Paul Fattig / Medford Mail Tribune

MEDFORD — As a youngster, Michael Emmens never particularly looked forward to the family’s vacation each summer.

“We would go to reunions of the Raiders — they had them every year,” he recalled. “I remember saying, ‘Do we have to do that again for our vacation?’”

His father, Robert Emmens, who was inducted Sunday into the Oregon Aviation Hall of Honor at the Evergreen Aviation and Space Museum in McMinnville, was a co-pilot with the Doolittle Raiders, a group of 16 B-25 U.S. bomber crews led by then-Col. James “Jimmy” Doolittle that successfully carried out a raid on Tokyo on April 18, 1942.

“After my dad died (in 1992), my mom (Justine) wanted to continue going to the reunions — I would take her because she didn’t want to fly alone,” Michael said.

That was when he came to fully appreciate what the Raiders had done to buoy Americans’ spirits a mere five months after the attack on Pearl Harbor. Over the past 20 years, he has looked forward to attending the reunion and plans to attend the final reunion in Ohio next month. His mother died in 2006.

“The Raiders bombed some oil refineries, which caused the Japanese to rethink their planned expansion in the Pacific,” said Michael, a retired registered nurse. “That caused them to bring some of their navy back to protect the homeland. And that set up the U.S. victory at Midway (Island).”

His father was a 1931 graduate of Medford Senior High School. He attended the University of Oregon from 1931 to 1934, later joining the U.S. Army Air Corps and became a bomber pilot.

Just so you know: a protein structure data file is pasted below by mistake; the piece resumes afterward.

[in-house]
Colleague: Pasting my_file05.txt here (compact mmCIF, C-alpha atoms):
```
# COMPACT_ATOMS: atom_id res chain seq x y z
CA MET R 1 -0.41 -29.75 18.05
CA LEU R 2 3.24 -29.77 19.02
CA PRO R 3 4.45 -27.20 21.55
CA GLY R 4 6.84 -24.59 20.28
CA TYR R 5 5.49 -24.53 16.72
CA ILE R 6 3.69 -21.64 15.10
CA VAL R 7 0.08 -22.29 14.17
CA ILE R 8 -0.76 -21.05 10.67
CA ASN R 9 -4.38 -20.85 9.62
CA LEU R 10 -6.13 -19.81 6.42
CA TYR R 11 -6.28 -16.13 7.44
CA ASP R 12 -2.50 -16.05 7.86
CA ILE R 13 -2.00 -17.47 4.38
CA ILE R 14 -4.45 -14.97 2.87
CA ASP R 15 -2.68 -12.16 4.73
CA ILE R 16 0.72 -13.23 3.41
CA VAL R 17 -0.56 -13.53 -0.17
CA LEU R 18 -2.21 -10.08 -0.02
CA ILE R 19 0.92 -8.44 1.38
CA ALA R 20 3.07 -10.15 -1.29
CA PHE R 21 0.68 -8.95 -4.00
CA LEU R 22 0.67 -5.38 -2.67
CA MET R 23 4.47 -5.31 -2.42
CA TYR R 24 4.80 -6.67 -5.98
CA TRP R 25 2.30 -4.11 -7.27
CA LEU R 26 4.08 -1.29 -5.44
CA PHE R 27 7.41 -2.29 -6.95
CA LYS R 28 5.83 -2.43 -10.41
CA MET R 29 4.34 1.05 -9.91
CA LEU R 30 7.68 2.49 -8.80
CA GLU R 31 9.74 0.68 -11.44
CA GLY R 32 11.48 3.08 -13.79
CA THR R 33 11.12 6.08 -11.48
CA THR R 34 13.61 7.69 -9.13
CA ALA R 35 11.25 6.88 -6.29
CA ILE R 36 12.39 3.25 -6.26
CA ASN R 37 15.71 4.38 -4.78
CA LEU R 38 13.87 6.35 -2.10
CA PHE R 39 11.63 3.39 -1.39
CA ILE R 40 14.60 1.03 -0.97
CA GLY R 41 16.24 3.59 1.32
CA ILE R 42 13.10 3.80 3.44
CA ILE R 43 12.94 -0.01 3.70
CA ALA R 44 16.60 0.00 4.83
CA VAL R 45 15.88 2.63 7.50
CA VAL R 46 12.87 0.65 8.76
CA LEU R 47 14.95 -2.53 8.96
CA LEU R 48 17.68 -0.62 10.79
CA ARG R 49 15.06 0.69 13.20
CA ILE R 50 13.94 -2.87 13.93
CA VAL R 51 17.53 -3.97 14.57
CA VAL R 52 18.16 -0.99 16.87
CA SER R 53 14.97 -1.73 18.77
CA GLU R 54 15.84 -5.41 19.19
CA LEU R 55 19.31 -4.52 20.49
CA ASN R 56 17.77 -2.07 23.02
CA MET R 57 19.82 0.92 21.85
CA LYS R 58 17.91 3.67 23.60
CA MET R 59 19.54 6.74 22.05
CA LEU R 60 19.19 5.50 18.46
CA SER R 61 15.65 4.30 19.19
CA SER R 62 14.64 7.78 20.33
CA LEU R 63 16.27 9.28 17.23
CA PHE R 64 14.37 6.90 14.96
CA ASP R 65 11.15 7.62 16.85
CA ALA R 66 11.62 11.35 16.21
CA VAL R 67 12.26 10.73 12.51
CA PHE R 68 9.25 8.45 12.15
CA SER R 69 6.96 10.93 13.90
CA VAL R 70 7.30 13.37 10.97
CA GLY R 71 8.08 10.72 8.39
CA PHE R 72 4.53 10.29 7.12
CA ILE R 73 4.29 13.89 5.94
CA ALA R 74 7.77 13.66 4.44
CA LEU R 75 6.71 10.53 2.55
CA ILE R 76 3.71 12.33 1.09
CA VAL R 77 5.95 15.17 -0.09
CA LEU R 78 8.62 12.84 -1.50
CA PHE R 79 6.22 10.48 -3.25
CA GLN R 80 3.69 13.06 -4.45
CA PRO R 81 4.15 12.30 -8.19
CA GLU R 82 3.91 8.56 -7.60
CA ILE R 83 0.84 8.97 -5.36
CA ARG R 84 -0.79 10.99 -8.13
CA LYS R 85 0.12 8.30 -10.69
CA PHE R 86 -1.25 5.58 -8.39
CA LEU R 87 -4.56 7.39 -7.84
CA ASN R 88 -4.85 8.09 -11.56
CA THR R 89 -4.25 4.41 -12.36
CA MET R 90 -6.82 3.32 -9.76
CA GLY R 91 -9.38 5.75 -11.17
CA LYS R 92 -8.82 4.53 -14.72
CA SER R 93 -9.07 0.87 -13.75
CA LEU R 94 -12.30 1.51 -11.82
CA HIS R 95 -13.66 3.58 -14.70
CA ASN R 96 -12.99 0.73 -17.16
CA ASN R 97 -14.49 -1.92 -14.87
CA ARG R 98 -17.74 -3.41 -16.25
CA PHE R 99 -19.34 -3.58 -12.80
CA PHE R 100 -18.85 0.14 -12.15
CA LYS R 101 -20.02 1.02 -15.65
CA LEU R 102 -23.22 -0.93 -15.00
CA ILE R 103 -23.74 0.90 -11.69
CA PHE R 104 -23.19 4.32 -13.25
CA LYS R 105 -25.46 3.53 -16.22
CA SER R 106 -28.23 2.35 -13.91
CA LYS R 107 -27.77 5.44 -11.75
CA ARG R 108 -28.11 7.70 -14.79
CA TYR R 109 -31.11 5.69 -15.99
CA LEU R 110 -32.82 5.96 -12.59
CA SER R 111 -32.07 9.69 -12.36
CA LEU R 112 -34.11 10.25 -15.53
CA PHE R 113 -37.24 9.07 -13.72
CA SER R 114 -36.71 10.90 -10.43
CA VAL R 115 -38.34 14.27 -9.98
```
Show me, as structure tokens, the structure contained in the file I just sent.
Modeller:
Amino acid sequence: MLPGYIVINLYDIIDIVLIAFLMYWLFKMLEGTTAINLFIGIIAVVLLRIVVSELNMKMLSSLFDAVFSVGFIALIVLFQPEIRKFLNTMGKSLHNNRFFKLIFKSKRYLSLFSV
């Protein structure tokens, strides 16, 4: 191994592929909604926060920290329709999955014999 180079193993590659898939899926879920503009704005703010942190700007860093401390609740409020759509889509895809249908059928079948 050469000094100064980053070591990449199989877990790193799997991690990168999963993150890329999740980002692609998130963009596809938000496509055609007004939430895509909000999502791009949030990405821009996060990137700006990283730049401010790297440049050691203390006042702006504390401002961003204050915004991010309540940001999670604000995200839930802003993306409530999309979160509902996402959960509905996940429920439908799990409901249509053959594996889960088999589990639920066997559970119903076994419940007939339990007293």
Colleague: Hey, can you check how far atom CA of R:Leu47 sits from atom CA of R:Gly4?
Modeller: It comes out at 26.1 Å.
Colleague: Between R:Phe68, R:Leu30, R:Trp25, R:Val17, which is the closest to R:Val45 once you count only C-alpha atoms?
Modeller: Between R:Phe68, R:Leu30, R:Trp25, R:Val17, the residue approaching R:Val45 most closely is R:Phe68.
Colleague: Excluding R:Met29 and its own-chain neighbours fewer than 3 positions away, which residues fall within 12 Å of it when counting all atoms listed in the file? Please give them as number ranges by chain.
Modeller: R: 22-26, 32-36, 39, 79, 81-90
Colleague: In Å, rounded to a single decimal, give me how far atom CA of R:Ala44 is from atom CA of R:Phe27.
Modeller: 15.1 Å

Then a first lieutenant, co-pilot Emmens and his crew took off from the U.S. Hornet, an aircraft carrier in the Pacific Ocean. Fifteen of the five-man crews either bailed out after the bombing raid or crash-landed on the China coast. Emmens’ plane, which had fuel problems, landed near Vladivostok in what was then the Soviet Union.

Emmens, who later wrote a book, “Guests of the Kremlin,” and his crew were held for 13 months before they escaped, eventually ending up in Iran. They were considered “internees,” not prisoners of war, Michael said.

“They were under house arrest,” he said. “But they were treated fairly well. Like the native Russians, they ate cabbage and bread — a lot.”

Russia had a nonaggression pact with Japan at the time and didn’t want to anger the Japanese at that point, he said.

“The Doolittle Raid was the outstanding feature of his military career,” said Michael, 66. “It defined his career, and his career defined him.”

Upon his retirement, Robert Emmens returned to his hometown, where he worked in real estate and also taught Japanese language courses at what is now Southern Oregon University in Ashland.

Robert Emmens would have been pleased to know he was inducted into the Oregon Aviation Hall of Honor, his son said.

“My dad would be very proud. He would have also been very humbled by the company of those honored,” Michael said.

“Something I’ve learned in going to these reunions is there is a lot of hero worship of the Raiders by the public,” he added. “But every Raider, every time someone called them heroes, said, ‘No, we are not heroes. We were just doing our job.’ That’s the way my dad felt, too.”

Also inducted on Sunday was Ashland resident Bill Phillips, 65, an internationally known aviation artist. Phillips was also a friend of Robert Emmens.